Chipotle to pay workers after store closes after trying to unionize
Chipotle restaurant in Teterboro, New Jersey.
SOPA images | Light rocket | Getty Images
Chipotle Mexican Grill agreed to pay $240,000 to former employees of the Augusta, Maine establishment as compensation for the restaurant’s closure when workers attempted to unionize.
Chipotle restaurant employees petitioned to form a union under Chipotle United in late June, becoming the chain’s first store to do so. Prior to filing the application, workers had already walked out to protest working conditions and understaffing.
Less than a month later, Chipotle closed the restaurant, citing staffing issues and saying it respected the workers’ right to organize. However, in November the National Labor Relations Board found that the burrito chain violated federal labor law when it closed the restaurant and banned hiring organizers elsewhere in the state.
While Chipotle United considered the agreement announced on Monday a victory, it was unable to reopen the closed establishment.
Now, former employees of the closed Augusta facility will receive between $5,800 and $21,000 from Chipotle, depending on their average working hours, pay rate, and length of tenure. Chipotle will also propose that all of these workers be placed on the preferential employment list for other locations in Maine for a period of one year.
Approximately 40 stores in Maine, New Hampshire and Massachusetts will be posted notices that they will not close stores or be discriminated against based on union support. These places are under the direction of a Chipotle regional manager who has suspended union workers from work elsewhere, according to Chipotle United, which is not affiliated with any larger unions.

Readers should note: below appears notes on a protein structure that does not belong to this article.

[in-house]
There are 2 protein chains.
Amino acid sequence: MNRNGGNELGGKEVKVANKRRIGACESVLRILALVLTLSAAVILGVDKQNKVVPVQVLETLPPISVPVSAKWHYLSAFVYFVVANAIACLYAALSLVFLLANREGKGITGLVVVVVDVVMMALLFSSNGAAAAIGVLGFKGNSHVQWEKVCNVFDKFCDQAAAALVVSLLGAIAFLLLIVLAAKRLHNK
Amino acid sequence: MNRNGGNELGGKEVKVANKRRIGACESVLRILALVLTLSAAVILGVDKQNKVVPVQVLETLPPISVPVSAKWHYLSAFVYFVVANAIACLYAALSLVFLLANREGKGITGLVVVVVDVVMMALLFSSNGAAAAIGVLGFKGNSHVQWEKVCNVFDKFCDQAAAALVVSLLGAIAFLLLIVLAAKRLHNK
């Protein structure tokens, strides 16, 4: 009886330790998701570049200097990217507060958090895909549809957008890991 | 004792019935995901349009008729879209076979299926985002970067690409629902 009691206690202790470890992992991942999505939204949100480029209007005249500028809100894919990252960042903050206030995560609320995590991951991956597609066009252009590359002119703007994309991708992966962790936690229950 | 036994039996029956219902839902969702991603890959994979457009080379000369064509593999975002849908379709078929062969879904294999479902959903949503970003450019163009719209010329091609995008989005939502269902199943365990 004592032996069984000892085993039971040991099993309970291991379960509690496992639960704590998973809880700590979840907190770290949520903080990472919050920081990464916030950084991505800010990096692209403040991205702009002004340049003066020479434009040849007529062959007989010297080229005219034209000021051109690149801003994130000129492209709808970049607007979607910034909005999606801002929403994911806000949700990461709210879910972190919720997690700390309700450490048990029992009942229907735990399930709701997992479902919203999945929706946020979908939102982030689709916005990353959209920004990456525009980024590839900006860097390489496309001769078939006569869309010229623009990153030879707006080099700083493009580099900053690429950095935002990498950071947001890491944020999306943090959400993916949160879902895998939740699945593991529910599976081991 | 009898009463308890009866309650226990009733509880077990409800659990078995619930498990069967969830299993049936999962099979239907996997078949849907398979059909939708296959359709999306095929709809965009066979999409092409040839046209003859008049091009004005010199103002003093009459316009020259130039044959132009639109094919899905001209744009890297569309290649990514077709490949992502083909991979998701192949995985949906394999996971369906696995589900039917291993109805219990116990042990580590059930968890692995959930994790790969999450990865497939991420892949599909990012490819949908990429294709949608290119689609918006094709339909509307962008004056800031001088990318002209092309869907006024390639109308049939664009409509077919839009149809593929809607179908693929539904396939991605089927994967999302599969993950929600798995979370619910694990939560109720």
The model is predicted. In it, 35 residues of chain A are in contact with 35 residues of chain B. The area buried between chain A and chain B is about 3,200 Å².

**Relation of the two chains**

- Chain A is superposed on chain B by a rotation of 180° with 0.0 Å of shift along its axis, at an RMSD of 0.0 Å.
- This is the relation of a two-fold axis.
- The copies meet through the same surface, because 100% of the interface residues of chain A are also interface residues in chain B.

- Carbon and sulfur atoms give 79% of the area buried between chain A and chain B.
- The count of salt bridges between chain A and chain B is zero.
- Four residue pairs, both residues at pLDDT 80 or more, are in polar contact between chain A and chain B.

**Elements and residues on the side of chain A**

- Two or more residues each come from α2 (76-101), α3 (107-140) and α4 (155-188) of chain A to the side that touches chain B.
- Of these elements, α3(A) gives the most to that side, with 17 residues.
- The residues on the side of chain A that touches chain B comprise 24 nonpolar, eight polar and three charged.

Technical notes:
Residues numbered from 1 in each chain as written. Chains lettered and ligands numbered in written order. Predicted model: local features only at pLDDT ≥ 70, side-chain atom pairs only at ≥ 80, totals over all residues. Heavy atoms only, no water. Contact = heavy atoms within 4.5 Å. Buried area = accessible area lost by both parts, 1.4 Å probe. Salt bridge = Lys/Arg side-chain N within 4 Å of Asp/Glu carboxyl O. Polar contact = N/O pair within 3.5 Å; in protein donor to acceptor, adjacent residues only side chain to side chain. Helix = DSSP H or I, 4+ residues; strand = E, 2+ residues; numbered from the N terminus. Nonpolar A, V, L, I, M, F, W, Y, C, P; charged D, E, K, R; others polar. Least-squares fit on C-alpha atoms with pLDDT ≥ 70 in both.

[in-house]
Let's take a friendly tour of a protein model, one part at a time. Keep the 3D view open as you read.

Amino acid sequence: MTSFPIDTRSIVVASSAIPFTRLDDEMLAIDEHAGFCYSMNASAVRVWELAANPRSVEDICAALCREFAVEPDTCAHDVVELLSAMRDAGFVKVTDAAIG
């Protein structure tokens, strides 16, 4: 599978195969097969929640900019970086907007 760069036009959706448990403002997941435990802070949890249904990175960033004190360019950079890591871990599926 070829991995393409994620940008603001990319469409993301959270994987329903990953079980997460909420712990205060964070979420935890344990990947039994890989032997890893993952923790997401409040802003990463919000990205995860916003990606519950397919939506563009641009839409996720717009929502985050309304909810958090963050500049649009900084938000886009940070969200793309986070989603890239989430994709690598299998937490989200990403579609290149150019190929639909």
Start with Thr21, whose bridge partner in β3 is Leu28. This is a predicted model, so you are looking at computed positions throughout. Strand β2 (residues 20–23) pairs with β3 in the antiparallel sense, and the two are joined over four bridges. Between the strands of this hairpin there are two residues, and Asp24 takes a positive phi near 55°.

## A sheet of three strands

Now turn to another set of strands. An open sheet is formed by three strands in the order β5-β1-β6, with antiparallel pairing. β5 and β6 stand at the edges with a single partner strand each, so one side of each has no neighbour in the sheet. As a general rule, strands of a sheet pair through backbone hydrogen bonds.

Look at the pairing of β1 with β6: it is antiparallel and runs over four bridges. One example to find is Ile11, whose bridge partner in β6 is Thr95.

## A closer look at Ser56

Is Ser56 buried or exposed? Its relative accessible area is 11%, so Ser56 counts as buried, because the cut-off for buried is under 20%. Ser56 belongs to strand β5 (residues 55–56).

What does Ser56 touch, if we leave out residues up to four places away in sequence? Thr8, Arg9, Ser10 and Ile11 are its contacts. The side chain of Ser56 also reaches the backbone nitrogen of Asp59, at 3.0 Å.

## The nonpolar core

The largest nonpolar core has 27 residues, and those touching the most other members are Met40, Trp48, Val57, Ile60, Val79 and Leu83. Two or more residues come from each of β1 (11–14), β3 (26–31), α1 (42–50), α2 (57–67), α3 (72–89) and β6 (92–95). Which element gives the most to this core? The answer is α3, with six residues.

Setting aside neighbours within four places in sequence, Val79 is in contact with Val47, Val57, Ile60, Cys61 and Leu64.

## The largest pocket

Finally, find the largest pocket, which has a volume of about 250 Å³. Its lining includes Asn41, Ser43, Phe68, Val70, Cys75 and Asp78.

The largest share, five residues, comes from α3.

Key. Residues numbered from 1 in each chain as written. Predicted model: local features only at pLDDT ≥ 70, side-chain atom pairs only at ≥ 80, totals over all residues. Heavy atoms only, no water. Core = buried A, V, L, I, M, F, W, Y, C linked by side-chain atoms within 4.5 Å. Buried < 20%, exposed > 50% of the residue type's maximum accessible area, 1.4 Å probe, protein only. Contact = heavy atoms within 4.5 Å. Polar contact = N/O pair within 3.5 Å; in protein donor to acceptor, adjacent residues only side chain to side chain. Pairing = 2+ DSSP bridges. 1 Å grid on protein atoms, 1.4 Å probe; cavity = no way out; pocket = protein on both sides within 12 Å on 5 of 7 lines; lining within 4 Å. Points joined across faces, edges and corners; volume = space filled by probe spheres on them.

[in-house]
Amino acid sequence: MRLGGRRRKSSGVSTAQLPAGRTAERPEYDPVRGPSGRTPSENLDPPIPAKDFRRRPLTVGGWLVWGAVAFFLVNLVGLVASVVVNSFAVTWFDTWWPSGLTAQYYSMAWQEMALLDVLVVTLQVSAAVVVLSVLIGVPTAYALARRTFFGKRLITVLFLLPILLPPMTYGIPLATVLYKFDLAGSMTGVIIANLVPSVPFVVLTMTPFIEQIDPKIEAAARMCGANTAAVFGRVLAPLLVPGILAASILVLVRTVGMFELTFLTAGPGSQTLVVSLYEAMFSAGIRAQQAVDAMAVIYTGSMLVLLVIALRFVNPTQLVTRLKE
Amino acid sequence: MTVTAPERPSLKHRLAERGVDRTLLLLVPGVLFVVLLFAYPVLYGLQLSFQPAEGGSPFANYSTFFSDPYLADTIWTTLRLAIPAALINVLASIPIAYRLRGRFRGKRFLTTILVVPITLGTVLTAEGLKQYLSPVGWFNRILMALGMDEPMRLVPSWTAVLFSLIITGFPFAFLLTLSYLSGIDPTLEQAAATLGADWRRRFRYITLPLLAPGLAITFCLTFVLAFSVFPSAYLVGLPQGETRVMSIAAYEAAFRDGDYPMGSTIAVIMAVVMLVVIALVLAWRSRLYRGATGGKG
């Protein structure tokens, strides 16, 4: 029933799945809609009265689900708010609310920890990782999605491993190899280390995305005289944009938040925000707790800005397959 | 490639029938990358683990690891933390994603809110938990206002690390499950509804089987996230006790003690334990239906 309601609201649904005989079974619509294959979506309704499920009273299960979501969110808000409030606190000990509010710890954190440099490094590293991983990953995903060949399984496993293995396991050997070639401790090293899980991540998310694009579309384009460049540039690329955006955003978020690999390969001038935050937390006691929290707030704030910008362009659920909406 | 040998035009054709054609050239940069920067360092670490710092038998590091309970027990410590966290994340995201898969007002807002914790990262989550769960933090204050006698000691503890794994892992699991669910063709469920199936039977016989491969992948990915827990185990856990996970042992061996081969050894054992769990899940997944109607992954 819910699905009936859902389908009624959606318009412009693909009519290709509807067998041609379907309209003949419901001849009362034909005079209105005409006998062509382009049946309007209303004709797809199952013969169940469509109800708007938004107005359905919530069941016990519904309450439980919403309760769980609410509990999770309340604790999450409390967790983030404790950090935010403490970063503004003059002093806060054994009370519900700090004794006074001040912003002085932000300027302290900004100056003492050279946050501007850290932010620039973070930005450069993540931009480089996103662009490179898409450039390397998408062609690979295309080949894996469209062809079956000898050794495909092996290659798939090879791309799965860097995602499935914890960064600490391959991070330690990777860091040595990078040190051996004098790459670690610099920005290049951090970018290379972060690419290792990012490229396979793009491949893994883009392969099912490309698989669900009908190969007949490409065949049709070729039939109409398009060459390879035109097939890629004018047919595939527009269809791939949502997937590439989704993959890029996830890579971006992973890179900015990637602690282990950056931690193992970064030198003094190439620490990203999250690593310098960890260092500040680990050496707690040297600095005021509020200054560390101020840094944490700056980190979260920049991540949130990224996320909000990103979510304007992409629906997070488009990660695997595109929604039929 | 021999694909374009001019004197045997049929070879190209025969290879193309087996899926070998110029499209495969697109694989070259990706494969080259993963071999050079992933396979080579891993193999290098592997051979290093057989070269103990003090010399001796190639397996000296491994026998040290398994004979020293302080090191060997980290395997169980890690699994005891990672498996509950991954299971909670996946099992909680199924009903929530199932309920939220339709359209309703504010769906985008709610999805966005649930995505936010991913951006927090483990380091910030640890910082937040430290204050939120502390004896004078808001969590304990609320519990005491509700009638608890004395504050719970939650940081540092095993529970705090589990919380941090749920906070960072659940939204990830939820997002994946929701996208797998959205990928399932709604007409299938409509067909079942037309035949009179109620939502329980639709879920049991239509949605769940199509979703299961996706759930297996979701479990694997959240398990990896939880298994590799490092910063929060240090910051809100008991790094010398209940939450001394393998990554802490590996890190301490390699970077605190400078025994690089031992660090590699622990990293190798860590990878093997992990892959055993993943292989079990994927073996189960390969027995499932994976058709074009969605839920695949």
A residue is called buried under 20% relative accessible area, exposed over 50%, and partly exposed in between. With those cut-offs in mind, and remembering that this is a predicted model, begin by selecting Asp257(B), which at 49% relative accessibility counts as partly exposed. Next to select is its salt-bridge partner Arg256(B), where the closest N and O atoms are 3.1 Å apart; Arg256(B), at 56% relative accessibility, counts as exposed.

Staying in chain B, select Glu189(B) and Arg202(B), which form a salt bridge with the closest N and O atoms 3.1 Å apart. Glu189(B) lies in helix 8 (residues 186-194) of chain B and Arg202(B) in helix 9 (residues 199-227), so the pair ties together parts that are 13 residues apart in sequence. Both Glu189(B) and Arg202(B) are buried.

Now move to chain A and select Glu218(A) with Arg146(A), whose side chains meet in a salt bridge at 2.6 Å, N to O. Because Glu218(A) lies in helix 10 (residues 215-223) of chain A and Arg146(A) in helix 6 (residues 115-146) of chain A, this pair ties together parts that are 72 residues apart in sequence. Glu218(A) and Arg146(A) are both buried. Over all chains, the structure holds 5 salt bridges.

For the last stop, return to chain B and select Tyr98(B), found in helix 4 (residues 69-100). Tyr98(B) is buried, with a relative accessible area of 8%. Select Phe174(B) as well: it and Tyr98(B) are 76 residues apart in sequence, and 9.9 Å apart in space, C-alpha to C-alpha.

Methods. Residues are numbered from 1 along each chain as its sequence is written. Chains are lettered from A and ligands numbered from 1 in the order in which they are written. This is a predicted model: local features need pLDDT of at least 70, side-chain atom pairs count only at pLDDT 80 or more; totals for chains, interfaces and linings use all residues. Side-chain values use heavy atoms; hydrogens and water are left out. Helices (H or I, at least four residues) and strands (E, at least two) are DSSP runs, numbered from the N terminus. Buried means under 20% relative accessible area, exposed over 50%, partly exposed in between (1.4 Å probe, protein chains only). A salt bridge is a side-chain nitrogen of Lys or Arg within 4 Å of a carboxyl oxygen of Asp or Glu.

Chipotle did not immediately respond to CNBC’s request for comment.
To date, only one Chipotle operation has successfully unionized. A restaurant in Lansing, Michigan, voted in August to unionize under the International Brotherhood of Drivers.
The burrito chain has not seen an avalanche of union petitions since the organizers’ initial win in Michigan, unlike Starbucks, where in a little over a year trade unions were held in more than 290 places. But Starbucks Workers United accused the company of using similar anti-union tactics, including store closures. The coffee chain denies all allegations of union crackdown, although former CEO Howard Schultz is due to testify before a Senate panel on the company’s conduct on Wednesday.
— CNNBC Kate Rogers contributed to this report.